Even in typical times, the transition from medical student to resident physician is a challenging one. But, with physician training heavily disrupted for well over a year, the process is even more complicated than usual.

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The topic of filling gaps that learners have experienced in order to smooth the transition between medical school and residency—with a fresh batch of residents weeks into their training—was recently addressed on an episode of the "AMA Moving Medicine” video-and-podcast series. Here are some key takeaways.

While the incoming class of residents did have portions of their clinical training disrupted early in the pandemic, medical schools worked to create valuable patient experiences to replace that time away from the clinical realm. Honing in on any missing competency requires deliberate review and open conservation.

"It is not about trying to uncover weaknesses or expose performance deficits,” said Kimberly Lomis, MD, the AMA's vice president of undergraduate medical education innovations. "It's really talking about the variation in experience that is true from the clinical learning environment and helping the learner identify those areas and make a plan."

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That said, panelists in the conversation did offer some anecdotal observations.

"They are really just lacking confidence that they've had enough experience to hit the ground running,” said Meg Wolff, MD, MHPE, associate program director of the University of Michigan pediatrics residency program. "They have it. They have all the experience they need but, honestly, the confidence is the big thing.”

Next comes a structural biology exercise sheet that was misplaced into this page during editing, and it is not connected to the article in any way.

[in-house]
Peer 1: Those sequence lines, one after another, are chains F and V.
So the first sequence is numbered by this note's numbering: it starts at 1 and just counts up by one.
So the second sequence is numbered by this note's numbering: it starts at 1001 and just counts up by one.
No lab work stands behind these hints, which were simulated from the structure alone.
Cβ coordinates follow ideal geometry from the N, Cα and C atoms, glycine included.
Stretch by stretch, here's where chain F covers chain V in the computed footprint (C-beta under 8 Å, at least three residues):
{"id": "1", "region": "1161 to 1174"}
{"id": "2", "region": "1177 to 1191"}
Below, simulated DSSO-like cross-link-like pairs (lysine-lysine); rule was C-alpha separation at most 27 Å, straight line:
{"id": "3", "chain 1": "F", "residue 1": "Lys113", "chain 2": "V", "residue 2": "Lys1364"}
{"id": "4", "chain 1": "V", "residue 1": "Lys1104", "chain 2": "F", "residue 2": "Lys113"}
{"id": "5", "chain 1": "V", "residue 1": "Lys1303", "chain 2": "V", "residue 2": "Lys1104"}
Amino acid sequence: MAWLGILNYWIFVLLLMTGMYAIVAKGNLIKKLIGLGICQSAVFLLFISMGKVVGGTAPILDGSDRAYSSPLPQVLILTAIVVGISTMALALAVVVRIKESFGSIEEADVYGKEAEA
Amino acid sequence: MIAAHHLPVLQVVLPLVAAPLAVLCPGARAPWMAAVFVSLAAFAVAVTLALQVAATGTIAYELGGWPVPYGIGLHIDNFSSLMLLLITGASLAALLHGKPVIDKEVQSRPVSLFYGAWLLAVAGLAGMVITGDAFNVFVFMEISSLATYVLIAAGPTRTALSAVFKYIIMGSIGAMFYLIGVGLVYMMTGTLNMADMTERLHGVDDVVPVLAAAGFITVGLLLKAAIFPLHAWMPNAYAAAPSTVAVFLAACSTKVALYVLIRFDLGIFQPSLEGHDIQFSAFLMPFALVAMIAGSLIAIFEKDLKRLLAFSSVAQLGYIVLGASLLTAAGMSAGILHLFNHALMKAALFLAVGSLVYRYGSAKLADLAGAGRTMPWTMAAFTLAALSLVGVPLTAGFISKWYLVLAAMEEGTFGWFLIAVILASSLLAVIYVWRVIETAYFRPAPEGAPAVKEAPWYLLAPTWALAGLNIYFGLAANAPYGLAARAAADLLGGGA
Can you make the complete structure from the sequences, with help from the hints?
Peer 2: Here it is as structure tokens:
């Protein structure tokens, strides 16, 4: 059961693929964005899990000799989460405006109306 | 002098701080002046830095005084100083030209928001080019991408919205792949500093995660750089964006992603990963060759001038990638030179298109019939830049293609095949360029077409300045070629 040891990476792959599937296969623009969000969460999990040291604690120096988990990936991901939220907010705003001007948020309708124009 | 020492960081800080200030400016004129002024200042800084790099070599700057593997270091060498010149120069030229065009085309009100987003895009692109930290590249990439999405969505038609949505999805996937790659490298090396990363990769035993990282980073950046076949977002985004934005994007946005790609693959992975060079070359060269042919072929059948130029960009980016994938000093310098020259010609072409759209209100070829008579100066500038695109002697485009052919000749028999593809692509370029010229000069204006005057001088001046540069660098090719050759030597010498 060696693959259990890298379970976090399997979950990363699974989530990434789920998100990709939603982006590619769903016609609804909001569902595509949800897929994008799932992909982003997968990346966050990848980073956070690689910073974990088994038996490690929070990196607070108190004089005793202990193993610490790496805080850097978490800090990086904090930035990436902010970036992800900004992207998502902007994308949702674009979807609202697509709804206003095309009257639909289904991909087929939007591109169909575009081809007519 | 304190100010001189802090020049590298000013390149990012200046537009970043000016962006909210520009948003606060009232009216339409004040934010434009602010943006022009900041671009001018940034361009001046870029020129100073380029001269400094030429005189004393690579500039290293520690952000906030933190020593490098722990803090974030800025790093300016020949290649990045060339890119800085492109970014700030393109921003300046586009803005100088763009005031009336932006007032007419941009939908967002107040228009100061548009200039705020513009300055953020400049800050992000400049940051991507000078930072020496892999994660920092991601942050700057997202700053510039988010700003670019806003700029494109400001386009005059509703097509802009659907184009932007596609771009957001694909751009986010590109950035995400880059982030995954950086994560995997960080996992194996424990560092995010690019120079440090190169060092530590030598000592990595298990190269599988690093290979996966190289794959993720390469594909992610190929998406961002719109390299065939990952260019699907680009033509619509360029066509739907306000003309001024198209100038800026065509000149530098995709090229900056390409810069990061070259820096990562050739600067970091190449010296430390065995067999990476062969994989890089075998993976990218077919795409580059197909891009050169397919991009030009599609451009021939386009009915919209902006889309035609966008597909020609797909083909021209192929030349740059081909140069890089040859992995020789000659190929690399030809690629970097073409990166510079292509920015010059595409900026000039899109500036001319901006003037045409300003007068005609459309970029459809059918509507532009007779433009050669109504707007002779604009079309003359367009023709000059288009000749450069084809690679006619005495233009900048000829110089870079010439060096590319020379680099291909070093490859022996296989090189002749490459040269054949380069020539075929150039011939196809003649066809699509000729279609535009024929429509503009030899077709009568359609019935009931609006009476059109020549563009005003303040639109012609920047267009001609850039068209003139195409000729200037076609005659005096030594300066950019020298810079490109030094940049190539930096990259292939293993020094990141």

Each resident's pandemic experience is going to differ. So too will their perceived gaps in experience. Considering that, the AMA Accelerating Change in Medical Education Consortium has worked on a pilot program involving resident self-direction. The program is called the Personal Priorities in Transitions pilot.

The aim is "to really establish a conversation between the learner and their receiving residency program,” Dr. Lomis said. "So temporarily, we actually haven't involved the school. This is an informed self-assessment and that ‘informed' word is important because it encourages the learner to reflect on the feedback that they've gotten—not just thinking off the top of their head, [but] looking at the comments from certain experiences, feedback they've gotten from their faculty, to really identify for themselves where they stand in certain areas that we know are critical at this time of transition.”

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The process of self-reflection and identifying gaps could be beneficial for residency programs, Dr. Wolff said.

"From a program perspective, it would be so nice to have had a learner who has had time to reflect on where they've been in their training and where they want to go, and really come to the table with a sense of where their areas are that they want to develop on and where they feel like their strengths are,” she said.

"AMA Moving Medicine” highlights innovation and the emerging issues that impact physicians and public health today. You can catch every episode by subscribing to the AMA's YouTube channel or the audio-only podcast version, which also features educational presentations and in-depth discussions.

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